As I have stated a couple of times before it is amazing to watch the expressions on artist's faces then they hear their material on a good monitoring system for the first time. There is a good analogy that a good friend of mine, who is an acoustician uses. "If you were a painter and we judging how your painting looked while you were wearing sunglasses smeared with Vaseline imagine what it would look like when you saw it for the first time AFTER you had taken off the glasses".

    As to having material that is already well done and does not need any additional mastering. I have had about a half dozen clients over the past 10 years that have come to me for mastering where I felt I could not do anything to make their mixes better by mastering them. Unfortunately most of these have been in the negative category and not the positive kind. There material was so badly done that mastering would not have done anything for it. I have had a couple of clients where I had to do very little to their material and the whole mastering was done very quickly but these are very few and very far apart.

    Taking your material to a mastering engineer is like taking a freshly painted automobile to a detailing shop. The car may look good after it is painted but a good detail shop can make it look FANTASTIC.

    It sounds like what you are looking for is someone to give your material a stamp of approval and to say to you it does not need any mastering since it already so well done and therefore already mastered. I guess my advice is to keep on trying. I would also find an honest mastering engineer that can listen to your material and give you advice that you can trust.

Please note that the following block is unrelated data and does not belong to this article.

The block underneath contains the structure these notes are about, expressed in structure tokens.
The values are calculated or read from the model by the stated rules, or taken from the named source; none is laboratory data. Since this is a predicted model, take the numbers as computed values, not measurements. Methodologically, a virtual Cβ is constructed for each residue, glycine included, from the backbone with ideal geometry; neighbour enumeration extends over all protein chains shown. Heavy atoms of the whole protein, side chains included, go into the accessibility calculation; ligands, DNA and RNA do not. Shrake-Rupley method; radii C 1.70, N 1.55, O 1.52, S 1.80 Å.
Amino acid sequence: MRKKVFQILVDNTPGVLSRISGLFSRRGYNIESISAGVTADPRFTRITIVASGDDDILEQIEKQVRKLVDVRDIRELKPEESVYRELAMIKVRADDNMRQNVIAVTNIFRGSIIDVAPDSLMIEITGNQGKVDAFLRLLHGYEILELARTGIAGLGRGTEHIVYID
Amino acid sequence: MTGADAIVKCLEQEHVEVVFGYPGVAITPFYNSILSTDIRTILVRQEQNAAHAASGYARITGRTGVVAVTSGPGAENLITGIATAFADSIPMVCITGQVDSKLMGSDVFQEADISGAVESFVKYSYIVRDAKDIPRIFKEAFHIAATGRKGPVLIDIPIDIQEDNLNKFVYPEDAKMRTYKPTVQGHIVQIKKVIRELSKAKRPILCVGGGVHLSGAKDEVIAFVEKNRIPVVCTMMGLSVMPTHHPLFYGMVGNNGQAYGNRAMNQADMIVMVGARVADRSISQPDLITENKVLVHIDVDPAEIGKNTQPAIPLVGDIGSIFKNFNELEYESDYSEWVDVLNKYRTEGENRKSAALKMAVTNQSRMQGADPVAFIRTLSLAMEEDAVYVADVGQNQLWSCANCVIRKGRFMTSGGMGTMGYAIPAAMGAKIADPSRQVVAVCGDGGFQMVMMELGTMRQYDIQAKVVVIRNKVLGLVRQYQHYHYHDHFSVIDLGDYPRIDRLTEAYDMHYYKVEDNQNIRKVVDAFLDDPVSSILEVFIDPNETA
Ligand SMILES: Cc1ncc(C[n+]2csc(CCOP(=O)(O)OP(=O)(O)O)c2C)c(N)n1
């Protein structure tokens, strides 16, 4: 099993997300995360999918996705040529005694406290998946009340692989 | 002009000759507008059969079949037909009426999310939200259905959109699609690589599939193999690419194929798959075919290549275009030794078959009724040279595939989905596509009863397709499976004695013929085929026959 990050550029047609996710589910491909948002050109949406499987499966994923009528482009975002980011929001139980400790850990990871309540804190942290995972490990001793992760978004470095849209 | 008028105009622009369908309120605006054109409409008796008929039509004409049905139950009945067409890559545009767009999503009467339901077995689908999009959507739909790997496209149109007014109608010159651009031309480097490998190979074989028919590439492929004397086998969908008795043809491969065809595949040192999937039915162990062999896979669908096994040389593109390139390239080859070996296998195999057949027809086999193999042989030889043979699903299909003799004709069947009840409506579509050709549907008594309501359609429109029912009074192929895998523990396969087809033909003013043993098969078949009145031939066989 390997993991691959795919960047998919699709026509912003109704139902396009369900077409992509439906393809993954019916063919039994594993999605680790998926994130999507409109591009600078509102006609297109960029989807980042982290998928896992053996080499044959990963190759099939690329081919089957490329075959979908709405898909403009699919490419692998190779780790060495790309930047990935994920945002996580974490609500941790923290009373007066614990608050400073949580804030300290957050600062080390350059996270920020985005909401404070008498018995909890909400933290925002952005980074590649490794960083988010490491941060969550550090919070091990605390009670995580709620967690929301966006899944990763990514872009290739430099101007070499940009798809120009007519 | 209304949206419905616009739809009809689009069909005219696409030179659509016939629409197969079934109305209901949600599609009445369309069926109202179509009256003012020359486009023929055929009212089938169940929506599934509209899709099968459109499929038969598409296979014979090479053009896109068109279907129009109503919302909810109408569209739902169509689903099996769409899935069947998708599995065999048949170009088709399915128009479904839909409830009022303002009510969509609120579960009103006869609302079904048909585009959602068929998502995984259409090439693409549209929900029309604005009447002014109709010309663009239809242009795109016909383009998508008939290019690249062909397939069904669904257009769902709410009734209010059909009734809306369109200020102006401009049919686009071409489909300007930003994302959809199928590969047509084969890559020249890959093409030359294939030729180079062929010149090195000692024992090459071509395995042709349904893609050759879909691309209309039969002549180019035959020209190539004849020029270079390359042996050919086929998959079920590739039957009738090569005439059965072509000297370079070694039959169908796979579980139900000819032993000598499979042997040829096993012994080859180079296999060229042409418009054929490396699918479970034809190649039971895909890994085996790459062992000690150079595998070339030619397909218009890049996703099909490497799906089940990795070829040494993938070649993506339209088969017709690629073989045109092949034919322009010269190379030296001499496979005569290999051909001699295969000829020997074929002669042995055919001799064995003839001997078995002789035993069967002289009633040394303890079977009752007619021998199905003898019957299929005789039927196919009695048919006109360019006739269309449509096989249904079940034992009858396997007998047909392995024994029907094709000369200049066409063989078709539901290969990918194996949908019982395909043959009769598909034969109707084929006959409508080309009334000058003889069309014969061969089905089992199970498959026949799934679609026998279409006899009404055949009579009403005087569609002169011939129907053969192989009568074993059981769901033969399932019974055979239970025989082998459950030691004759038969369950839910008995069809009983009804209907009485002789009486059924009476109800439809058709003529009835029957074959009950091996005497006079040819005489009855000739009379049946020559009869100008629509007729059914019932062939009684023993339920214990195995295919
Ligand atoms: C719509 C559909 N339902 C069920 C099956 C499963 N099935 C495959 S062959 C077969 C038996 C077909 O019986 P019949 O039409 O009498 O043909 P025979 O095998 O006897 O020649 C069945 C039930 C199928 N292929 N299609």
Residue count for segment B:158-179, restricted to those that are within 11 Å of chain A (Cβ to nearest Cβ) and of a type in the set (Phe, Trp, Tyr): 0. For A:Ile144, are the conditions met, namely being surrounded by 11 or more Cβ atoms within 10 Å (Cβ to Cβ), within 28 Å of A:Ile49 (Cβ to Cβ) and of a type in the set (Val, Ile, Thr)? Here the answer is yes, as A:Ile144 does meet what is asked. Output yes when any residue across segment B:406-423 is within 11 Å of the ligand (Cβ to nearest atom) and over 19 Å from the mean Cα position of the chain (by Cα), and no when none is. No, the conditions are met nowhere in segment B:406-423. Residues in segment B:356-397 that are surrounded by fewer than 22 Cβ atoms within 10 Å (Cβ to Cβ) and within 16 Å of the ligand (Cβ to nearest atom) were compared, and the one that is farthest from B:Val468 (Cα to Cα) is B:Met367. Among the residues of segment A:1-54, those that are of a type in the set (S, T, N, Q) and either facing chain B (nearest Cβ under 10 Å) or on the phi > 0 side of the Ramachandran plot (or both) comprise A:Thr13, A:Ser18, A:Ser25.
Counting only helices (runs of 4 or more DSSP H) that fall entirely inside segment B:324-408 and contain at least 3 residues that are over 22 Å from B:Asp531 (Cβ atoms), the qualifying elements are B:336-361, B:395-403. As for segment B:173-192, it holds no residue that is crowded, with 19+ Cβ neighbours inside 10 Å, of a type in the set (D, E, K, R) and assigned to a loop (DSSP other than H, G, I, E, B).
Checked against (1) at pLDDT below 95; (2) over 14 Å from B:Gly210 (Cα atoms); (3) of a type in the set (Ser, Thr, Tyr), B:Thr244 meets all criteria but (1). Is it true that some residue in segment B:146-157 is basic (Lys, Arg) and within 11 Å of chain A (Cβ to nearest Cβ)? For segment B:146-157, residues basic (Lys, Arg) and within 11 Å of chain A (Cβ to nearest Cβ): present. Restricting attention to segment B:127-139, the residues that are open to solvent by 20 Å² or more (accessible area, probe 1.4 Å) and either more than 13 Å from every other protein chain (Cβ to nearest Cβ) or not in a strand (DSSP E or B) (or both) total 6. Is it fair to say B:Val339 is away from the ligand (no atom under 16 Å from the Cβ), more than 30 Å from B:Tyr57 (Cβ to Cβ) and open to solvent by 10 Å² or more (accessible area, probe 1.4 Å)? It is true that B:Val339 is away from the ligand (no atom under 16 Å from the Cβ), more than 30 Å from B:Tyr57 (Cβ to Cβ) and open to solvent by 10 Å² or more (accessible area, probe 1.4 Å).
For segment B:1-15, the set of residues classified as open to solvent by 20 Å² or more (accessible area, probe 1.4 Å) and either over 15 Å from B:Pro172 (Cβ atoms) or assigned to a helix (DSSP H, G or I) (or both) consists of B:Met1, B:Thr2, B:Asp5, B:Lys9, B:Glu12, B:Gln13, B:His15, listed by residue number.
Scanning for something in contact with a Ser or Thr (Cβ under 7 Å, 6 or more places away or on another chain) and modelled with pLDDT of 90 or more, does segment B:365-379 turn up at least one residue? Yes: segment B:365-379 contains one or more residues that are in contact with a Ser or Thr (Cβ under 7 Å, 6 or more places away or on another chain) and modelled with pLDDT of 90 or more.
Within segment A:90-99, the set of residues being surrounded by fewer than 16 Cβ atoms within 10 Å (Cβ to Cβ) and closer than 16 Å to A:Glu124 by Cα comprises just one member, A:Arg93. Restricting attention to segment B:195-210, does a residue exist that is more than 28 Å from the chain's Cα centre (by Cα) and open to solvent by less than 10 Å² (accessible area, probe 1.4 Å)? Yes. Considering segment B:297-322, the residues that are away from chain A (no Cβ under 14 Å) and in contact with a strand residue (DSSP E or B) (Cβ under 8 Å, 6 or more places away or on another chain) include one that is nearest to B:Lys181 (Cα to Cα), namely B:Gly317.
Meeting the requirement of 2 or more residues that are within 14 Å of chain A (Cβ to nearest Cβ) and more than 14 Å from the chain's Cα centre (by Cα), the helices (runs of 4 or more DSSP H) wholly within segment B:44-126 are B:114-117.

Most mastering engineers come to mastering from doing other things in the music business. They run the gamut from musicians turned mastering engineers to people who have been very successful as mix engineers or live sound engineers that made the transition to mastering somewhere along their career path. One thing that makes them unique is that they have good ears and the knowledge of how to get the best from the music. I have a background in classical music but I also am conversant with most music played today from Bach to Rock. I enjoy all types of music and try to listen to as much of it as I can live and in person so when someone comes to me for mastering I have a first hand knowledge of how it is "suppose" to sound.

    Best of luck and keep trying......
  4. mattssons

    mattssons Guest

    Mix bus compression

    Thanks for the great input, i have the greatest respect for M:es do not let my post make you feel otherwise.

    It's just that i think Master/Bus compression is a fight no one can win. Some of you sit in great rooms but it's still a fact that Master compression changes the balance of a mix VERY much if it's done to material with No Mix compression.

    I guess one should settle for using a little so you can't do to much harm;) Not to forget that you do miracles daily.

  5. Michael Fossenkemper

    Michael Fossenkemper Distinguished past mastering moderator Distinguished Member

    Sep 12, 2002